In the end, the Lakers are showing that they’re rounding into form at a time where it’s most needed. The opponents are getting more and more difficult, the push for playoff seeding is in full swing, and there’s precious time left in the regular season to actually improve. This is the team we’ve been looking for all season and suddenly, like a lightning bolt, they’re here. What’s even better is that their formula is the same each night and they’re staying true to their template: defend hard, use strong ball + player movement and inside play to control tempo on offense, rinse, repeat. Even though the bench is a bit more shaky than I’d like, the team as a whole is playing so well it’s not even an issue and doesn’t take away from what can only be described as dominating performances that show both great focus and physical ability. What more can I say, it’s just fun to be a Laker fan right now.
dave m says
It’s been a beastly, feastly delight. Pound, chew, digest, repeat.
Nice recap. Bummed I missed the game.
My question is, while I love the Lakers playing well, why are they peaking in march? Is it really a switch, or is it health, or is it that Ron Artest woke up from his 6 month slumber? Whatever it is, I enjoy it. Though I don’t want them to over peak in March (a la San Antonio last year) as the true juice shouldn’t be used quite yet….
Moments like this feel that much sweeter after the low ones (i.e., loss to Cleveland). Just a few weeks ago, your (and everyone else’s) disappointment in the team was at an all-time high, or close to it. Now, “it’s just fun to be a Laker fan right now.” That’s why you said it’s a journey, right?
P.S. To all the doubters (as in those who thought the Lakers were losing their status as title contenders and/or thought they NEEDED to make a major trade) in the past – jeez, you should’ve relaxed a bit. Some people need to have a little more faith in a 2 time defending champion. Sorry, had to get that out.
Igor Avidon says
This is still first half of March. Winning now is great, but don’t get overly optimistic. The playoffs will bring new challenges. I’ll get excited if we’re bidding farewell to Phil on a parade in June.
Mark Sigal says
What I am most excited about is the fact that we are seeing once again what I call the Anaconda Squeeze; namely, where there is a point in the game where the Lakers turn on the afterburners, completely squeeze the life out of the competition, and break their spirit.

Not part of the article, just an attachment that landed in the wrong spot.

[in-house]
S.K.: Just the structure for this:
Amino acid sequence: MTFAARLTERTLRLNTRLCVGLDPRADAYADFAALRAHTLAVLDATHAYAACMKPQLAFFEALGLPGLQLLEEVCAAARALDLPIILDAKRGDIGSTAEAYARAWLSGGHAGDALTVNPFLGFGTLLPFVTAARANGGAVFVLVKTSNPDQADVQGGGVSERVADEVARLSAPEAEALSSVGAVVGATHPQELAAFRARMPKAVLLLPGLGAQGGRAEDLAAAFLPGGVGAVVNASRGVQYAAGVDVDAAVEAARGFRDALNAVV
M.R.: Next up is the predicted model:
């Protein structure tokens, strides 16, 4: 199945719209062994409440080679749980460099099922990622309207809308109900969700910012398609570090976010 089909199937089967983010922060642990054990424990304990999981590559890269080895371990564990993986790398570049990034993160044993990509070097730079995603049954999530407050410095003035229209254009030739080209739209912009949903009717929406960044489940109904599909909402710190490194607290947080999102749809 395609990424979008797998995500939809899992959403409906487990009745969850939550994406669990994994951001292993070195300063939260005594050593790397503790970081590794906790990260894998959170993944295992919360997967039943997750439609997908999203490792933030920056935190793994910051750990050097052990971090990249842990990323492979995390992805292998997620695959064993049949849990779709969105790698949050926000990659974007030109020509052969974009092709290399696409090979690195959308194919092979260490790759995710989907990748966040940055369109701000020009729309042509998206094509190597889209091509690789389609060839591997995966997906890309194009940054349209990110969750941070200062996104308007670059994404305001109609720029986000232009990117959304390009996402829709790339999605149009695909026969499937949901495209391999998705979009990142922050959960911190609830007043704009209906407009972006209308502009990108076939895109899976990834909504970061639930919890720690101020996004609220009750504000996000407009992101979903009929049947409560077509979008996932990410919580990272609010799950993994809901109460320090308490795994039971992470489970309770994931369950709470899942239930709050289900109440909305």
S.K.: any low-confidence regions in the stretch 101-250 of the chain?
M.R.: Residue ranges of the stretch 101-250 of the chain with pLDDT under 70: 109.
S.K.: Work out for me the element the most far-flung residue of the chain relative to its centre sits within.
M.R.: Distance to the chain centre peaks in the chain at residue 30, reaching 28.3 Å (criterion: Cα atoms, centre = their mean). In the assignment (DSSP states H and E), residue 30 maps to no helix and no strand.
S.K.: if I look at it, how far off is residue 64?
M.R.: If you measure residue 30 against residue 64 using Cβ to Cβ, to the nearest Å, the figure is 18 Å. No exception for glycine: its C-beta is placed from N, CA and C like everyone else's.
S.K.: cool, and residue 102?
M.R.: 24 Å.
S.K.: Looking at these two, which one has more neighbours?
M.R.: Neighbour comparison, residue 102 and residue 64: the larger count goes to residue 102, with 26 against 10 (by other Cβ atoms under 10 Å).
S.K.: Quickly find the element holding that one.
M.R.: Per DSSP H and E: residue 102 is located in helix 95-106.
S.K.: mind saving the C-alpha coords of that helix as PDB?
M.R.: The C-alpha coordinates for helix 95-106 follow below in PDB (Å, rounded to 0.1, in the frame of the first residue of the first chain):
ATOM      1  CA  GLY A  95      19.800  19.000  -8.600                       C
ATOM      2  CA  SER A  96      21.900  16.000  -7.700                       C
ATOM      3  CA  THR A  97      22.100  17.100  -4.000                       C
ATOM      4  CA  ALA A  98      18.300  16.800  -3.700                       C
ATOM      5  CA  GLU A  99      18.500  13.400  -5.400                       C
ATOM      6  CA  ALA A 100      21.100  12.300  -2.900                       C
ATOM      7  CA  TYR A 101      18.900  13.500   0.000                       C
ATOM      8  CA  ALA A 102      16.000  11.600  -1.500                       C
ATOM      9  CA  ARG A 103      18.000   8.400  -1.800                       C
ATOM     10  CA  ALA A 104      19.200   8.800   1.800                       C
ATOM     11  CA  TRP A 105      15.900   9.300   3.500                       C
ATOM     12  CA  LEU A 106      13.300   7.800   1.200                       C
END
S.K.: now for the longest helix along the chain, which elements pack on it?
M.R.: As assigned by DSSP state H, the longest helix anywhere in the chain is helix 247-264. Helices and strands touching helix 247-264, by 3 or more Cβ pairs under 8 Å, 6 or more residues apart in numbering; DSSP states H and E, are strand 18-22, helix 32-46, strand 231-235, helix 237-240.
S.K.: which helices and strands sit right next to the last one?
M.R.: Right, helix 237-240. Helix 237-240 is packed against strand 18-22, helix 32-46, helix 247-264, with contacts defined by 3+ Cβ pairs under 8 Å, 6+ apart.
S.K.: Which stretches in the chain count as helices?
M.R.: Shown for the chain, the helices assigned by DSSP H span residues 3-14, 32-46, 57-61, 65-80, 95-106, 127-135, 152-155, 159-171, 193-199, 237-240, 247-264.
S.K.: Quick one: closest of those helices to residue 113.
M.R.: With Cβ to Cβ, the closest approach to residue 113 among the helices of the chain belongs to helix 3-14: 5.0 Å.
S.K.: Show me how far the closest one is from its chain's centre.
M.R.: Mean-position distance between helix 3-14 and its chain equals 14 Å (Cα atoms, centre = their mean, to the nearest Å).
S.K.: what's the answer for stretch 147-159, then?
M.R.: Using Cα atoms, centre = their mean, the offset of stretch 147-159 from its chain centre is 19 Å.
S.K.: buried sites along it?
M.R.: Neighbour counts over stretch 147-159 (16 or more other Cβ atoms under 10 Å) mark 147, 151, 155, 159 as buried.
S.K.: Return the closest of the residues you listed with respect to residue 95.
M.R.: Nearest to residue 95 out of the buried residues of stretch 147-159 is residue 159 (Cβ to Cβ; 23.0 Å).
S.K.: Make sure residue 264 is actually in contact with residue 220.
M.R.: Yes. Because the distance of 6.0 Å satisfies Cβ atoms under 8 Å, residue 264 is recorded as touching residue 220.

Tonight, it was the first five or so minutes of second half where they turned an 8-9 point game into 16-20, and it was Game Over.
We saw this a lot through 2008-9 season, not so much last year and even less this year. Fingers crossed it continues.
chris h says
andrew is the secret weapon that PJ is just now bringing into play. zen master knew he shouldn’t tip his hand too soon, wait till the stretch drive of the season. now the opponents know what’s coming, but PJ will use these 17 games remaining to fine tune using ‘Drew to perfection.
i think he’s just going to focus mainly on the D end of the floor, and get his O when he grabs a board or on an alley-oop. if he continues to anchor the D like he’s done in this streak, we’ll be facing the C’s for the ring again, how sweet, to win #17 against the C’s, eh?
let’s just hope it keeps building into a 2001-esque playoff run
Yes yes we should all be praising Andrew… It’s hard to miss a giant 7 foot behemoth who makes 7 foot professional basketball players look like school children playing against coach in practice. In one play against the Spurs Bynum went up for a rebound and knocked a seven foot player to the floor like a rugrat… But Pau Gasol was okay and continued on. But I want to talk about Ron Artest. I know it’s boring… He doesn’t grab 16 rebounds or block 3 shots. He doesn’t score 26 points and pass Moses Malone for 6th on the all time scoring list. He isn’t a skinny 7 foot spaniard who has better ball skills than our starting PG. He isn’t a back up PF who reminds some of Magic Johnson. But I remember a time when the Lakers were soft. I remember a time when Kobe had to guard the other teams SG if he was good. I remember a time when Kobe had to waste all his energy getting outmuscled by bigger SFs up and down the court. Yes, Trevor Ariza was nice in transition and could get into the passing lanes, but a one on one defensive stopper he wasn’t. Heck… he isn’t even a decent rotation player anymore. And don’t bring up Walton and VladRad… I’m still trying to wake up from that nightmare. Instead we have a guy who can score 10 ppg and maybe grab 4 boards… But he changes everything for this team… He changes everything for Kobe. How would Kobe look today if he had Artest with him last 7 years instead of just the past season and a half? He might be still dunking over Yao Ming if Yao of course could still stand. So yes Bynum is the second best center in the NBA and a sight to see…. but here is to Ron Artest… raise a glass and toast the man who can shut down Kevin Durant “the best scorer in all the land” with just his left hand.